Original source:

Online organizers and progressive activists from inside and outside the union movement met today at the AFL-CIO for a frank conversation about the state of the Employee Free Choice Act and how online activism can help push the bill forward.

Sponsored by the AFL-CIO and Netroots Nation, a nonprofit organization for the advancement of online political activism, the event, titled “Can the Netroots help make the Employee Free Choice Act law,” was part of Netroots Nation’s ongoing Salon Series.

Moderated by Christopher Hayes of The Nation, the event featured the AFL-CIO’s Stewart Acuff, Laura Clawson of Working America and Daily Kos, Michael Whitney of SEIU and Rebecca Wasserman of American Rights at Work.

The discussion focused on how the online progressive movement can help make workers’ freedom to form unions a reality.

Through blogs, e-mail outreach and video, the online progressive community has an important role to play in amplifying the voices of the bill’s broad array of allies, conveying workers’ stories and getting out the message about Employee Free Choice.

As Acuff noted, the campaign for passage takes place on two levels—a “retail” campaign of individuals talking with other individuals at the grassroots, and a “wholesale” effort to send a message to politicians and the press.

Hayes said it is clear that, despite pronouncements from corporate shills and pundits, the Employee Free Choice Act is very much alive and well. He said he was fascinated by the fact that even after Pennsylvania Sen. Arlen Specter expressed doubt about the bill in March, the campaign from the Chamber of Commerce and its corporate allies kicked into even higher gear, with continued ad spending and talk in the media about compromises on the bill.

Acuff agreed, saying the massive spending by corporations fighting the bill cannot change the reality that we’re very near victory in the biggest fight for workers’ rights in generations.

In the six years since we began the struggle for passage of the Employee Free Choice Act, Acuff said, the effort has transformed from a dream into the hottest political debate in the country, with the legislation ready to be acted on in Congress. Such movement is due to a concerted effort, online and off, to mobilize a wide range of constituencies, tell the story of workers and corporate greed, and get the message out at the grassroots level.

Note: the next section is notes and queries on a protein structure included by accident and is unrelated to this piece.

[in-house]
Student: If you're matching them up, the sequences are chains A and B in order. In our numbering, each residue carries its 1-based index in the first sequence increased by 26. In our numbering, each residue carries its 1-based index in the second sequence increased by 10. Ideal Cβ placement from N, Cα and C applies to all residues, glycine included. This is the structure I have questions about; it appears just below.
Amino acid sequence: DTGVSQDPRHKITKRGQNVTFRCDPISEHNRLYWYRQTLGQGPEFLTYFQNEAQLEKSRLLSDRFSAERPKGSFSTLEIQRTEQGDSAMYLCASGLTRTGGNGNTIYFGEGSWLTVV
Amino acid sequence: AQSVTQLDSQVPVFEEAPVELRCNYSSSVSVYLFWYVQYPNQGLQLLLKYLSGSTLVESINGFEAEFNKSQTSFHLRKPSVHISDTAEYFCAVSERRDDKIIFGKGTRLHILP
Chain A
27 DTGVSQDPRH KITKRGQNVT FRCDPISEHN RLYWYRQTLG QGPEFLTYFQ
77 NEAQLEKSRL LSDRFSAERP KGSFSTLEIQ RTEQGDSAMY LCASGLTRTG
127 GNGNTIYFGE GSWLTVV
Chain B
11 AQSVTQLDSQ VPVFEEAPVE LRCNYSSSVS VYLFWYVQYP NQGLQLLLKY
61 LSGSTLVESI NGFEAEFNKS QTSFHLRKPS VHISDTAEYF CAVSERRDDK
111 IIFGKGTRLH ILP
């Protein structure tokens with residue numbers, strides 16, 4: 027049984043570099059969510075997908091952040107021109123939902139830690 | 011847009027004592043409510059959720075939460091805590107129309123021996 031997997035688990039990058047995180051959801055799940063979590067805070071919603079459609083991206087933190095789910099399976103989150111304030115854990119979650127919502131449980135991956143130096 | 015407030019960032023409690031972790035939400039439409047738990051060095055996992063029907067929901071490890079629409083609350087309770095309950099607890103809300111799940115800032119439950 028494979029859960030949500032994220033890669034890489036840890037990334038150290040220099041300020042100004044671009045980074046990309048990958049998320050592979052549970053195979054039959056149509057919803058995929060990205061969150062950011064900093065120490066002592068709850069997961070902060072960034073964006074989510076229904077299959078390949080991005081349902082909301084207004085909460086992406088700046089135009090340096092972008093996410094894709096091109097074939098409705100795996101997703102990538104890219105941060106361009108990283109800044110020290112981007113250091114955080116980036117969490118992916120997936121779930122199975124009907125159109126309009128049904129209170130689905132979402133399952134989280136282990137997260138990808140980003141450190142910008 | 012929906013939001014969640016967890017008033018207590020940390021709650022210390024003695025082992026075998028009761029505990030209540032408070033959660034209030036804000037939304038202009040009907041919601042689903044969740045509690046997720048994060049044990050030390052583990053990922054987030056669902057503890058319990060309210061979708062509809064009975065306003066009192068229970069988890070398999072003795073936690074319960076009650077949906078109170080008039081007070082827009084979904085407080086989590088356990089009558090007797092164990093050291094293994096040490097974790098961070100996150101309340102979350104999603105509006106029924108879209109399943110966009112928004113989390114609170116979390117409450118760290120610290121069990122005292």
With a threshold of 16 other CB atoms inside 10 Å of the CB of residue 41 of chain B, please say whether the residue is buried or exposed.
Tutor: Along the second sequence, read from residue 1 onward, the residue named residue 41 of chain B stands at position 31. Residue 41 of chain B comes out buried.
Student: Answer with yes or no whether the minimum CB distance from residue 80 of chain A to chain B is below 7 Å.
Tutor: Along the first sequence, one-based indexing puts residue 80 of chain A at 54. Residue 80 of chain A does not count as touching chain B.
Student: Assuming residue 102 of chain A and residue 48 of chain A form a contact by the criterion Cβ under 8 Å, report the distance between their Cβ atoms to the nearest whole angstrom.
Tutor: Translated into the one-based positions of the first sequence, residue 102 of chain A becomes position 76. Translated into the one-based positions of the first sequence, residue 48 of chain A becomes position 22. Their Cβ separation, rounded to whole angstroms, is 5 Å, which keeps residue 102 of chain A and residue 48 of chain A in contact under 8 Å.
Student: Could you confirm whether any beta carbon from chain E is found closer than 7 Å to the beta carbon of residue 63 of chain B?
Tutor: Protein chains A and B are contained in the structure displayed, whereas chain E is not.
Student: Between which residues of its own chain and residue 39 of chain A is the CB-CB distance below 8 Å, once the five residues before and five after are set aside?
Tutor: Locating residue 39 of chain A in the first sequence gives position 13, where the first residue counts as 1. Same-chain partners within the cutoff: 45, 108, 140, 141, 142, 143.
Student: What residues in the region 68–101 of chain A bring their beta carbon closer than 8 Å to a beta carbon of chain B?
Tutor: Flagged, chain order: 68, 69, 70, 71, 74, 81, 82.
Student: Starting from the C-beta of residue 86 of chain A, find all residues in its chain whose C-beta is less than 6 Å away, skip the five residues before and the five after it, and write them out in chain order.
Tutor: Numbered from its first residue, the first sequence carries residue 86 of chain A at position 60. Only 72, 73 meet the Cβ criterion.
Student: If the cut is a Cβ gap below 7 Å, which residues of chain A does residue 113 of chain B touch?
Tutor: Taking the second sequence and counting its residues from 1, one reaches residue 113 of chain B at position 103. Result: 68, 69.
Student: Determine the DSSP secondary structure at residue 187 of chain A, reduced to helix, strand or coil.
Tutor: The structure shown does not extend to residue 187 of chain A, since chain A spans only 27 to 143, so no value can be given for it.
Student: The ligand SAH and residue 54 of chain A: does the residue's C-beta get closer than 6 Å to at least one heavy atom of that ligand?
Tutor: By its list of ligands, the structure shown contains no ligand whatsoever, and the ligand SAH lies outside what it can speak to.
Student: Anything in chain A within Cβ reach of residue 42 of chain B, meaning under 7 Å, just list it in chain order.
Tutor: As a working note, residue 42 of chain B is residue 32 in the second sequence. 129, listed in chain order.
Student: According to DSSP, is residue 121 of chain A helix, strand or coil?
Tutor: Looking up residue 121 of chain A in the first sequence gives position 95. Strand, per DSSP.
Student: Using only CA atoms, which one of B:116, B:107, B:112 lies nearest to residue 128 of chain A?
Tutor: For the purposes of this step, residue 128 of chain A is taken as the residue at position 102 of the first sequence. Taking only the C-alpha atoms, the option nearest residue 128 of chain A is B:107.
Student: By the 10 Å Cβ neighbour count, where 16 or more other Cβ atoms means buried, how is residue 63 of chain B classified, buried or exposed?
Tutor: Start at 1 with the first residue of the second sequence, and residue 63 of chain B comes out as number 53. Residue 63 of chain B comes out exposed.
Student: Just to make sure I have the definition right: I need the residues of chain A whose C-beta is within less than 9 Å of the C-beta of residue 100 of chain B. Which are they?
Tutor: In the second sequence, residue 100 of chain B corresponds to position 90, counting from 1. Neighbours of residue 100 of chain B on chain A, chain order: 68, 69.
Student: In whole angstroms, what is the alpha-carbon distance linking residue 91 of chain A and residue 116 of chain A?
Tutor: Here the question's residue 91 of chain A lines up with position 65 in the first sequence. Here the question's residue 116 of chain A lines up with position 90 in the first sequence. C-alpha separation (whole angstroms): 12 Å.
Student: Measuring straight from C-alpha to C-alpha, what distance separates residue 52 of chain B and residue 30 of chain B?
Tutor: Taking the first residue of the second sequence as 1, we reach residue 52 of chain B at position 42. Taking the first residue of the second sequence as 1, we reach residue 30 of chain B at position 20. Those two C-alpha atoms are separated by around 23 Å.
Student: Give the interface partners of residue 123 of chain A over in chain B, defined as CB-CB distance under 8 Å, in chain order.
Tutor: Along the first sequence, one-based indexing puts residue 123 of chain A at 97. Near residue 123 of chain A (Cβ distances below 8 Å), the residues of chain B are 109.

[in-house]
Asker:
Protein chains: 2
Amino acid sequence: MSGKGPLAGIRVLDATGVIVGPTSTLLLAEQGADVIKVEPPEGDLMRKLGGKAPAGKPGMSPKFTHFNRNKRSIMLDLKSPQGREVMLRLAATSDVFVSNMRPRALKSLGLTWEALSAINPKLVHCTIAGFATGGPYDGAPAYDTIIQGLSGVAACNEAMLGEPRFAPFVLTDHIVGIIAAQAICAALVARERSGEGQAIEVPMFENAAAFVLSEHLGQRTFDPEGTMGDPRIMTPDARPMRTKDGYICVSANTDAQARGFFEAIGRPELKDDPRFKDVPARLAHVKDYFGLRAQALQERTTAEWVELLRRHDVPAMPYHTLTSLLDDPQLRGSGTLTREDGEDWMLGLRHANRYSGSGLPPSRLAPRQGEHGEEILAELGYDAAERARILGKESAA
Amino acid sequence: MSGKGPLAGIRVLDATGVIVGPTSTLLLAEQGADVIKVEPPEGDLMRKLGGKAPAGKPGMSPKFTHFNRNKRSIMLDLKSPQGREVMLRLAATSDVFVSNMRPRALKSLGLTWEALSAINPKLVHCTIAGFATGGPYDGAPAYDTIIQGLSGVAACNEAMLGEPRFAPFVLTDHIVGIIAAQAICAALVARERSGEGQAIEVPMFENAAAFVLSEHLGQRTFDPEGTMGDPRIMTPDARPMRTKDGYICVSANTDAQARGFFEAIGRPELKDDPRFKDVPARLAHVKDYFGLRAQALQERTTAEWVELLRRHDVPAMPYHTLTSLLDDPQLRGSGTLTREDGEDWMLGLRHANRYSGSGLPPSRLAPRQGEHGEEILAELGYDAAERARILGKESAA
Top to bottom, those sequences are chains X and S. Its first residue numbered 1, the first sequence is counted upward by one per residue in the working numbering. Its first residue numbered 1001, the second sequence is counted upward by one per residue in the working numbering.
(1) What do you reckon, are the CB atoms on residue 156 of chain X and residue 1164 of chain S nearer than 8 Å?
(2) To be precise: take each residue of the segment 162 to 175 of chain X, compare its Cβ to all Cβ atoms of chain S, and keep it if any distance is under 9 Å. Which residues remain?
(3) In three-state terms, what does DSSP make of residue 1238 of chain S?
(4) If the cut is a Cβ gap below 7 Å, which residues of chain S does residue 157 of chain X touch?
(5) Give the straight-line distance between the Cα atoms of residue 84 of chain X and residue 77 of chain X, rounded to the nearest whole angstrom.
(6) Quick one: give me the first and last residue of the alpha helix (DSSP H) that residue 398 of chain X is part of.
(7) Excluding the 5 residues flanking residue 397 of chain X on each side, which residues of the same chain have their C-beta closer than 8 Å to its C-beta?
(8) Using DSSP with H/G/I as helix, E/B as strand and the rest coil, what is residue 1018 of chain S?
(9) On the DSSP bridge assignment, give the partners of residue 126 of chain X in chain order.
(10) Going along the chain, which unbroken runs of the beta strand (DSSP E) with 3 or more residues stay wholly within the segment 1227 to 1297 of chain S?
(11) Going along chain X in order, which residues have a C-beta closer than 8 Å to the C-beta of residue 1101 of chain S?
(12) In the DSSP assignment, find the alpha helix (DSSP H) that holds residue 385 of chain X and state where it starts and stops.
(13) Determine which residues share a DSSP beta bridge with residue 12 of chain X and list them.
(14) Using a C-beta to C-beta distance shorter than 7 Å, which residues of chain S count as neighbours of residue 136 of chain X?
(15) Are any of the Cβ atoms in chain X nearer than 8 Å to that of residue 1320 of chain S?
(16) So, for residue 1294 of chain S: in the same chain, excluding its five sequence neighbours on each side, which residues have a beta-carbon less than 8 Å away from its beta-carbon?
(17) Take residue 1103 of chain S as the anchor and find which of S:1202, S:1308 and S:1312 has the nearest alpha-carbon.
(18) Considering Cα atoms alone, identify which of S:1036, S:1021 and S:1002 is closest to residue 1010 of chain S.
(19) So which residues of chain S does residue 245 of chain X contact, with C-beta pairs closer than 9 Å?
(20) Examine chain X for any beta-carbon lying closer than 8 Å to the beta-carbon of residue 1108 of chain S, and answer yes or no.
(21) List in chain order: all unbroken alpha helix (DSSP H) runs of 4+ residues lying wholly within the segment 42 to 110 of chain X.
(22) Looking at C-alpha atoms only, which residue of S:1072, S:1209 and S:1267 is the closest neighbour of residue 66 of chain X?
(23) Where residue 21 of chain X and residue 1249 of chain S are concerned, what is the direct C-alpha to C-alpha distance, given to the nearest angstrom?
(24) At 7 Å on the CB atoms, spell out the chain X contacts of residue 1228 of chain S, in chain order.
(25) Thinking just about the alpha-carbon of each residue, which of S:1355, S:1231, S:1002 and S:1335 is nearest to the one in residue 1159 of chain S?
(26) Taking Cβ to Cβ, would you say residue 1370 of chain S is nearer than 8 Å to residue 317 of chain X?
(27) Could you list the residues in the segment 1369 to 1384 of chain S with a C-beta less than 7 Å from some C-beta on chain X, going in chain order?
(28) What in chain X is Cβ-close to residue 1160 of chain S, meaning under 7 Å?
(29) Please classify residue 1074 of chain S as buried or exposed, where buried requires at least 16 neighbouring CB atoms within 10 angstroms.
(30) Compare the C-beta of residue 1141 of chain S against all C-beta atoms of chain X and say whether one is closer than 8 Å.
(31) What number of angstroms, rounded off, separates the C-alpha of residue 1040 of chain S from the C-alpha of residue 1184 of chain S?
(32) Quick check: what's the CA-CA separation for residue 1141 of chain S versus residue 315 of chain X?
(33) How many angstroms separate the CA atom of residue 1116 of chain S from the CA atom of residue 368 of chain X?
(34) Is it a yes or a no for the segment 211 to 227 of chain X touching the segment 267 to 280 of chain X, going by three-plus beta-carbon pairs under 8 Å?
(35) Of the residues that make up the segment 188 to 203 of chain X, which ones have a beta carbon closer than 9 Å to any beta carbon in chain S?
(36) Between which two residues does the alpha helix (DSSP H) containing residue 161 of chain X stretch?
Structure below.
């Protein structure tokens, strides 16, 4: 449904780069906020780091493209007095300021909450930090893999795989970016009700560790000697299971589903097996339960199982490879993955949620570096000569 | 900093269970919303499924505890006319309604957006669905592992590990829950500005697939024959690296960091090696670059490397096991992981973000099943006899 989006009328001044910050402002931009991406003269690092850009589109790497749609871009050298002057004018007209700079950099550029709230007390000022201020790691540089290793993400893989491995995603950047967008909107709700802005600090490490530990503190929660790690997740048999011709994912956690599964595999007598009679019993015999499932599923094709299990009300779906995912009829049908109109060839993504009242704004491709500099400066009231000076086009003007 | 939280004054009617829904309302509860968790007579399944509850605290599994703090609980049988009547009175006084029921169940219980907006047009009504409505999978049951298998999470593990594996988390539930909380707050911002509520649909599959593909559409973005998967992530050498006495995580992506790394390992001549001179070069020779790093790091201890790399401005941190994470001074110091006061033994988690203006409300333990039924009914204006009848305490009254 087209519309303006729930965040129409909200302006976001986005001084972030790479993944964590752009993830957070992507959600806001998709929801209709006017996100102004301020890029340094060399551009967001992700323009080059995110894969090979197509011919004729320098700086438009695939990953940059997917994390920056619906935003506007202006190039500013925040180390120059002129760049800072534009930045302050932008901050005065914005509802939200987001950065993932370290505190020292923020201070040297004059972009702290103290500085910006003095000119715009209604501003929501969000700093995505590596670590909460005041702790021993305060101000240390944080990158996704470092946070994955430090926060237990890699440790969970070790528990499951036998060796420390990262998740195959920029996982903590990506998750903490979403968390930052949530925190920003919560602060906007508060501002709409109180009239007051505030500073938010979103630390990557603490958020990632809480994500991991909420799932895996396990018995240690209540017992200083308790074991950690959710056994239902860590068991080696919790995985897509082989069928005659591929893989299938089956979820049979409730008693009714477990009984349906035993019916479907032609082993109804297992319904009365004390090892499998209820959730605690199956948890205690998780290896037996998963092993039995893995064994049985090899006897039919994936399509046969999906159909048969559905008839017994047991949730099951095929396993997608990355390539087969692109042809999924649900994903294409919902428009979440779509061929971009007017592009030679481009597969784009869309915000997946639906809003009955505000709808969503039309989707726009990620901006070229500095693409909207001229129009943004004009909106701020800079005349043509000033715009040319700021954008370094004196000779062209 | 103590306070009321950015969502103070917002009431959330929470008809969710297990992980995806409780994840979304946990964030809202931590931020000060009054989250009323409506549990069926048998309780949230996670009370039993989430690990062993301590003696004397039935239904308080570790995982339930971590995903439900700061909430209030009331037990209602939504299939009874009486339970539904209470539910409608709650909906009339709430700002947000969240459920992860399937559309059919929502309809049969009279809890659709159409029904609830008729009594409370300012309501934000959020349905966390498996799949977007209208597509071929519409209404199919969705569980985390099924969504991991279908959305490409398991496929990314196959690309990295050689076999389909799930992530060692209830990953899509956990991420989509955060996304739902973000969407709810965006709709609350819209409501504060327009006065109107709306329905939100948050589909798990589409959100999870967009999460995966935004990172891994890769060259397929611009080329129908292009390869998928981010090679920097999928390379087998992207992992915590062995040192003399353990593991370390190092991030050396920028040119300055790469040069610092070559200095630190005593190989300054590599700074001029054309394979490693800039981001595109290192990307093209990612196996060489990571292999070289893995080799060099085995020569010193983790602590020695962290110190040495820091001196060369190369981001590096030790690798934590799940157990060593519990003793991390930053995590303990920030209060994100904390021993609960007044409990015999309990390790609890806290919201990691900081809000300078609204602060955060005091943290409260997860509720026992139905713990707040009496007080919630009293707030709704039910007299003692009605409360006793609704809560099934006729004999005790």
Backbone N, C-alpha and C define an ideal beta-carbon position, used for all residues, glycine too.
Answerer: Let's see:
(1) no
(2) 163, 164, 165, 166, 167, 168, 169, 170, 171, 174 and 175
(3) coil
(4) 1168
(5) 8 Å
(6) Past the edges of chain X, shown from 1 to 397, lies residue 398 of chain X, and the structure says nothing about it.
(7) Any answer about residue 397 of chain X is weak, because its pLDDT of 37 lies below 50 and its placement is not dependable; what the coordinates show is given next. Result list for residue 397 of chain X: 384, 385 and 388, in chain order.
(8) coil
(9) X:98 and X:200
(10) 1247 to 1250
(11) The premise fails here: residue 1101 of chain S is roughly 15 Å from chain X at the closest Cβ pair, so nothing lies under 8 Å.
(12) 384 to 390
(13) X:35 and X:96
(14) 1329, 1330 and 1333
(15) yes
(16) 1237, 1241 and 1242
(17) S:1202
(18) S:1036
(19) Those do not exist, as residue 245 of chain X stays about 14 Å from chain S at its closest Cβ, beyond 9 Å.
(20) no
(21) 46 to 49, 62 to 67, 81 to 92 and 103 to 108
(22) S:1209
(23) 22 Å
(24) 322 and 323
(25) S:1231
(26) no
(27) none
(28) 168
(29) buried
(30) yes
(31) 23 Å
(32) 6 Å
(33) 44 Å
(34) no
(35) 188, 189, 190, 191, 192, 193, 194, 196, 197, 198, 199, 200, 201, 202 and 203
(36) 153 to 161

Said Acuff:

You play the game all the way through. This is a dynamic process, and we’re at the 3-yard line—you can’t just walk off the field now.

We started this six years ago, and I thought it was going to be a 20-year fight. We’ve accomplished so much in the face of such attacks, and all the money they’ve been able to spend has not been able to break it.

The campaign is vibrant and active, and all the forces of corporate America can’t stop it—and they’ve tried everything in their playbook.

Wasserman, a close observer of the debate on Capitol Hill about the bill, said each member of Congress is affected by different kinds of activism. That’s why broad message efforts like TV ads and rallies must be matched by more small-scale, local efforts like letters to the editor, personal letters and phone calls to members of Congress, vigils and town hall meetings.

The Senate will soon consider the bill, and Whitney talked about how online tools give workers the ability to rapidly respond to corporate attacks, contact their elected leaders directly and make sure the principles of the Employee Free Choice Act are protected during the legislative process.

The entire discussion will be available on video shortly, so stay tuned—it’s a great glimpse into the fight for workers’ freedom to form unions and bargain for a better life.